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Validity of Shock Index, Modified Shock Index, Central Venous Pressure and Inferior Vena Cava Collapsibility Index in Evaluation of Intravascular Volume among Hypovolemic Egyptians Patients.

Adel Hamed Elbaih, Ahmed Mohamed Housseini.

Cited by 11 Articles

Introduction: assessment of intravascular volume is an important component in care of hypovolemia. Physical examination is inaccurate tools in the assessment of intravascular volume, leading to the need for more objective method and accuracy tool.
Aims: the prediction of Validation of Shock Index, Modified Shock Index, Central Venous Pressure and Inferior Vena Cava collapsibility index in Assessment of Intravascular Volume.
Methods:-This study was conducted as cross-sectional, observational study on 150 Egyptians patients attending to the Emergency Room with hypovolemia state (systolic blood pressure 100 beat /min and capillary refill >2 sec. and clinical signs with symptoms suggestive any types of shocks.) and all patients enter resuscitation room once they arrive to ER. With Applied resuscitations guidelines methods and treat all the life threading conditions if present to all participants.
Results: The studied patients revealed negative correlation between CVP value and (SI and MSI) but positive correlation with IVC-CI value. And the mean CVP was 3.2 ± 2.2 but the mean collapsibility index of IVC was74.9 ± 10.5%. MSI has 100% sensitivity and 98% specificity,CVP has 100% sensitivity and specificity and IVC-CI has 100% sensitivity and specificity in diagnosis of hypovolemia when > 1.3 ,≤ 8 cmH2O and ≥ 50 % respectively.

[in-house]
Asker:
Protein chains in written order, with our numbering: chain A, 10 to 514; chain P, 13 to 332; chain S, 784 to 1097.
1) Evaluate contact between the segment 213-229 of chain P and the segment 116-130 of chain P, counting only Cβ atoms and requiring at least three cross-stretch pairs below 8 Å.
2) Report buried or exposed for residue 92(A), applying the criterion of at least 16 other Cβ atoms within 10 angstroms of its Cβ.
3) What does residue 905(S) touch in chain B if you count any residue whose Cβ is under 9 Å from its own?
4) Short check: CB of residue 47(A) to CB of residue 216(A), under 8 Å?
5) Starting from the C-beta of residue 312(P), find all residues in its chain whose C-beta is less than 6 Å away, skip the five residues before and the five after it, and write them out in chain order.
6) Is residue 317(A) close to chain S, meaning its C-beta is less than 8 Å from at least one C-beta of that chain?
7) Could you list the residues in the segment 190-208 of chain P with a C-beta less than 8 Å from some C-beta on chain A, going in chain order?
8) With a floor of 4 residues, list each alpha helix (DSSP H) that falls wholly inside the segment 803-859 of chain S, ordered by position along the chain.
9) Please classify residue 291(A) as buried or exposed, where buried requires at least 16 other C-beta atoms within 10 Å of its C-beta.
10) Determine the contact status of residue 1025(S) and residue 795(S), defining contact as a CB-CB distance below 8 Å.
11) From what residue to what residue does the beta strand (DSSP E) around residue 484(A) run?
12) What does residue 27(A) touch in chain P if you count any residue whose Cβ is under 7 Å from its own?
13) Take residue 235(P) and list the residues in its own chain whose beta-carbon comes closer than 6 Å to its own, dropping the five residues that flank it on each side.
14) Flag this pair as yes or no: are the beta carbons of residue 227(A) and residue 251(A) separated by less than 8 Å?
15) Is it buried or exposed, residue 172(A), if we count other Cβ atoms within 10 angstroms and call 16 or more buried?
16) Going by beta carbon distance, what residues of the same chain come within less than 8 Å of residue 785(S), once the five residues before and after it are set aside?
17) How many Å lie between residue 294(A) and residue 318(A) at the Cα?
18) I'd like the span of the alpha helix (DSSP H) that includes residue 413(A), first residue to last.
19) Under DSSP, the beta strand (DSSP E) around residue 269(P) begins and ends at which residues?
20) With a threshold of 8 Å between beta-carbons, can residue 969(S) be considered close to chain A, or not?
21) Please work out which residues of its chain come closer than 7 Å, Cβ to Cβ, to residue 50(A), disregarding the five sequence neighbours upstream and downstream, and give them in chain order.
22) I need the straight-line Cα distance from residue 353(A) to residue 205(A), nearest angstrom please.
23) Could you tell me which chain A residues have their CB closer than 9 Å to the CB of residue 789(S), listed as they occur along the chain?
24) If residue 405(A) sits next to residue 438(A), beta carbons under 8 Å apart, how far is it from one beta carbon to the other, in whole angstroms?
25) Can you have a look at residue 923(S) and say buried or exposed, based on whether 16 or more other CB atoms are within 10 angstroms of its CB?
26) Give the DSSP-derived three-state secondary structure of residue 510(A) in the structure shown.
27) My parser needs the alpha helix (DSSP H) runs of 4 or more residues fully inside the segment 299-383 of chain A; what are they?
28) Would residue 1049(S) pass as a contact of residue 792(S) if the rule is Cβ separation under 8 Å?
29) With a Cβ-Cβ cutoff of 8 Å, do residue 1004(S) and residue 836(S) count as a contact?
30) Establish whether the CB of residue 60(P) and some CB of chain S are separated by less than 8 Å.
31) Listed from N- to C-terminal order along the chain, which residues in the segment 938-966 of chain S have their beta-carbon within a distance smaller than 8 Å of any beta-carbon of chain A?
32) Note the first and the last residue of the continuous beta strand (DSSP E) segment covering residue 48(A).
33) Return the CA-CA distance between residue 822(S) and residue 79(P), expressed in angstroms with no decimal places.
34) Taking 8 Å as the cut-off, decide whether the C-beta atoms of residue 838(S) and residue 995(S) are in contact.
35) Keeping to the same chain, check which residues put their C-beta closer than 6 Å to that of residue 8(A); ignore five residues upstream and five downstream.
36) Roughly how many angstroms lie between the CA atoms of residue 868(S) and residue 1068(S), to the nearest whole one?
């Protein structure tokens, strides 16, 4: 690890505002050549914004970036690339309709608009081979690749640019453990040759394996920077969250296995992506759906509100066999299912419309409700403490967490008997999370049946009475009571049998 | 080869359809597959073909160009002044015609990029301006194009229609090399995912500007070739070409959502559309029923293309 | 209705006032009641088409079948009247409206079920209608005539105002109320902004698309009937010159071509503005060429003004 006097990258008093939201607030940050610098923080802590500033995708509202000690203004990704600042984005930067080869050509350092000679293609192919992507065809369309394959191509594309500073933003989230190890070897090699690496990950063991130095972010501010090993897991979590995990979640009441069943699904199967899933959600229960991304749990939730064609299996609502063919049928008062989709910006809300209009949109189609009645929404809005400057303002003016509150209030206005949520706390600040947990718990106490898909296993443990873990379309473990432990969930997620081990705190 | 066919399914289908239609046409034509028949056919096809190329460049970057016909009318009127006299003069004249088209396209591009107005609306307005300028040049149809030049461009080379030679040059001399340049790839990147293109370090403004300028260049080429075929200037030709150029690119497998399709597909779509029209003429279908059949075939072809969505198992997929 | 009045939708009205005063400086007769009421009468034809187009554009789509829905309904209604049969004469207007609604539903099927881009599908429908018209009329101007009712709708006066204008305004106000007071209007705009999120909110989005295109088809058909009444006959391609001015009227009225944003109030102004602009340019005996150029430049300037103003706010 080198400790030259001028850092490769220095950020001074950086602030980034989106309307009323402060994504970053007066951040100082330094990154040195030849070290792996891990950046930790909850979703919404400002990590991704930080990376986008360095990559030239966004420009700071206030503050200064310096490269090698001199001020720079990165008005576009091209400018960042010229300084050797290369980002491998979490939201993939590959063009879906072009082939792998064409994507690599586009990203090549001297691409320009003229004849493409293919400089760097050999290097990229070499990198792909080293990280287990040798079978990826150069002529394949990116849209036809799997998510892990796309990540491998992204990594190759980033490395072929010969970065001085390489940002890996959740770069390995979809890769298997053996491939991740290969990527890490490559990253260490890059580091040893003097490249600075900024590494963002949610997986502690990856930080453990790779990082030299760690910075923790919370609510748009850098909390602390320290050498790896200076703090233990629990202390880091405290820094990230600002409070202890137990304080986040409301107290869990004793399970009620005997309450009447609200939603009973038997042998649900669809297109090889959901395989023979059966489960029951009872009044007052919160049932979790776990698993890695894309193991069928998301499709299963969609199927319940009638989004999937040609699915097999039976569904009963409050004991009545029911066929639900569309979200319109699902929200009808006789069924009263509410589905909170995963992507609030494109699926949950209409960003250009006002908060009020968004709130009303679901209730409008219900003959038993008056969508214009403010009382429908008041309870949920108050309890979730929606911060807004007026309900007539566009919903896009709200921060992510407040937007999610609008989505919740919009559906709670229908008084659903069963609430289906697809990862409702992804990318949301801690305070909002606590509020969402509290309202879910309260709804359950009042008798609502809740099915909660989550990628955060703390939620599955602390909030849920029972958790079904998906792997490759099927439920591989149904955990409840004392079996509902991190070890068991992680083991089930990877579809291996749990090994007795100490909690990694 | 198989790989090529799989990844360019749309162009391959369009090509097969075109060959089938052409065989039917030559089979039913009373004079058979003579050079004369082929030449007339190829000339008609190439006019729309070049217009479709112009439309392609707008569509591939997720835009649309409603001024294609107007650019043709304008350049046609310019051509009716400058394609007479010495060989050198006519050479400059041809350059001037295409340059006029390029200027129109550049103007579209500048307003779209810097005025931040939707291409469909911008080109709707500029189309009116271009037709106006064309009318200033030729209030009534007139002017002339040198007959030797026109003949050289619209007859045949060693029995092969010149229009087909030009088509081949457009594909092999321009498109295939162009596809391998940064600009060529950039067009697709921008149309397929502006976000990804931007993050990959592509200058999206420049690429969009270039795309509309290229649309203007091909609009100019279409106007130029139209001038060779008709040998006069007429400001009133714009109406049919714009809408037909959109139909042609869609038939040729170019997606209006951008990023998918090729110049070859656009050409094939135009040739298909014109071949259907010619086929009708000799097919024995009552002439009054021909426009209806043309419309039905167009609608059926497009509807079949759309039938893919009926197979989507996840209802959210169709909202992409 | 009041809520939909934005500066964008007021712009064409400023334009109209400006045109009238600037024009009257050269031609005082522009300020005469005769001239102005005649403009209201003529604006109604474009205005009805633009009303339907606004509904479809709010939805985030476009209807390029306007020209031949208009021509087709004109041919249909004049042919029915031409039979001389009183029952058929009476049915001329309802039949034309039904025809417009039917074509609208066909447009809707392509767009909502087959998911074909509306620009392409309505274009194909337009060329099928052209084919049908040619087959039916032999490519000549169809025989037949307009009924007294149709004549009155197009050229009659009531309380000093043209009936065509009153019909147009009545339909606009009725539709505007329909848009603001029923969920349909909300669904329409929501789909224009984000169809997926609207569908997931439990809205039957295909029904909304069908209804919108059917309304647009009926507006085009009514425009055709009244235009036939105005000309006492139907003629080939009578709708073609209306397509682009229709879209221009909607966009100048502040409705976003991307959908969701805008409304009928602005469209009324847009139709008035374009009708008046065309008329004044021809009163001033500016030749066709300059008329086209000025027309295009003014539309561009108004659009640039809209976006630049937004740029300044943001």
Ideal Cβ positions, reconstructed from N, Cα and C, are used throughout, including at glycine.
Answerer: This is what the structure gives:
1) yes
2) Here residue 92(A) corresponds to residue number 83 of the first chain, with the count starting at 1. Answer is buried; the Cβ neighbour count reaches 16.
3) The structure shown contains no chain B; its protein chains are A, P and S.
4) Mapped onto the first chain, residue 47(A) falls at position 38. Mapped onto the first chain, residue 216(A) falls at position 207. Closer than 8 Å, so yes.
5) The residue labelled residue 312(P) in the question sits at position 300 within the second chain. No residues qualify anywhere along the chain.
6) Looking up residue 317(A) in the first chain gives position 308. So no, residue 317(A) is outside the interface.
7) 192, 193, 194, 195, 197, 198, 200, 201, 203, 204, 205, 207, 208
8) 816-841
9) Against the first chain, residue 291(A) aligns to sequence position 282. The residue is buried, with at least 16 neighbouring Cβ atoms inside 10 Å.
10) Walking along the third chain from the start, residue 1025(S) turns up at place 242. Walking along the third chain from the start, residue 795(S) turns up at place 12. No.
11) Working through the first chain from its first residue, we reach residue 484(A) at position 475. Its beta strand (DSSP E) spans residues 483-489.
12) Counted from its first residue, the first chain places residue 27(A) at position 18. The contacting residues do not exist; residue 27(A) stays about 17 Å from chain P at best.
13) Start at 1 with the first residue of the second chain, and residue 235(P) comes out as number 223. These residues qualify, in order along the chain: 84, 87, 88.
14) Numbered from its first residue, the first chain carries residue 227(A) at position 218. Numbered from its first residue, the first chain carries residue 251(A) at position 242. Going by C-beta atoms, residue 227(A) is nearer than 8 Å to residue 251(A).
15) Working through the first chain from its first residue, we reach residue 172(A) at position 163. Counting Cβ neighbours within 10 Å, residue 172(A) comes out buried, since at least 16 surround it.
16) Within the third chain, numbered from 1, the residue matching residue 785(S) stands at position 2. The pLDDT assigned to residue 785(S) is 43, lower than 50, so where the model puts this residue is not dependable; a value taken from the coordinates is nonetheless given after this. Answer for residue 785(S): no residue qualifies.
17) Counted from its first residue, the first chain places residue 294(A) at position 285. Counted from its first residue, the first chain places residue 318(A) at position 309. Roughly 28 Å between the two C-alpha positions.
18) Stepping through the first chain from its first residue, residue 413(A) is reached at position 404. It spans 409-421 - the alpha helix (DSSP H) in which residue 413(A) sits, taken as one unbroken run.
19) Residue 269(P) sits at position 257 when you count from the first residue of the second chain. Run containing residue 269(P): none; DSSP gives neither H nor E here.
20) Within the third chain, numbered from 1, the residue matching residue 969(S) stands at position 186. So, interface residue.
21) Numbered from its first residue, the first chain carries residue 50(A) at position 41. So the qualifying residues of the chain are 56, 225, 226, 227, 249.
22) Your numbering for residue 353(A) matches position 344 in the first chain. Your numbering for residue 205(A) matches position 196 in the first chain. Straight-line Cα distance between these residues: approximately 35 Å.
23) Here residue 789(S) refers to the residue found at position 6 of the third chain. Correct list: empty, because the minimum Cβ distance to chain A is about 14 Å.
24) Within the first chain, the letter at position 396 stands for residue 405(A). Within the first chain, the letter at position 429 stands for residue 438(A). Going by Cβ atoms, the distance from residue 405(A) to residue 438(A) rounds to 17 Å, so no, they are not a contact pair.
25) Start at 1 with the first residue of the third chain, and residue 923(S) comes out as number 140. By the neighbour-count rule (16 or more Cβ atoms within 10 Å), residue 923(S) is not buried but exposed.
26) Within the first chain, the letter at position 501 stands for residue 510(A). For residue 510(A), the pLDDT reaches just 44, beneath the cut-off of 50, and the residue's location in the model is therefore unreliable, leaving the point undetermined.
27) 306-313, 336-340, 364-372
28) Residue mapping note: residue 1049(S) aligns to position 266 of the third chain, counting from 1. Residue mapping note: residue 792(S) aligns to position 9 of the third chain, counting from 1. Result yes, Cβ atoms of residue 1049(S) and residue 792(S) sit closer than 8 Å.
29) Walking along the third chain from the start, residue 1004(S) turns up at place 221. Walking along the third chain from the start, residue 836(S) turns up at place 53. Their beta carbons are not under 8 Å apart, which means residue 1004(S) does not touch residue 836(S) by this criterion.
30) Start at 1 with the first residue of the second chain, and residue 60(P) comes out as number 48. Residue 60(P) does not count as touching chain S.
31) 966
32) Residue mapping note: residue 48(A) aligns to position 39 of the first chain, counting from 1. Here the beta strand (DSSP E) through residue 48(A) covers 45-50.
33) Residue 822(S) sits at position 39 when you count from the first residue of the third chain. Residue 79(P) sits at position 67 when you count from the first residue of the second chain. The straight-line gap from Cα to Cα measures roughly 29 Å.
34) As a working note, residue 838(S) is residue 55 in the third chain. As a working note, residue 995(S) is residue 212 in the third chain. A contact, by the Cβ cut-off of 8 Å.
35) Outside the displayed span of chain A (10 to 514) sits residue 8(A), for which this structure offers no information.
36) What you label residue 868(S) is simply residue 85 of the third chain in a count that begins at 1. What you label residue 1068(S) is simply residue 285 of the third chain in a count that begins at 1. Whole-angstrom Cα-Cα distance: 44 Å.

Conclusion: assessment of intravascular volume is an important diagnostic tools and management of hypovolemic patients with determining collapsibility (greater than 50%) of the inferior vena cava by bedside ultrasonography in conjunction with common clinical markers predictors e.g. Shock Index, Modified Shock Index and Central Venous Pressure.

Key words: caval index, clinical predictors, Hypovolemia

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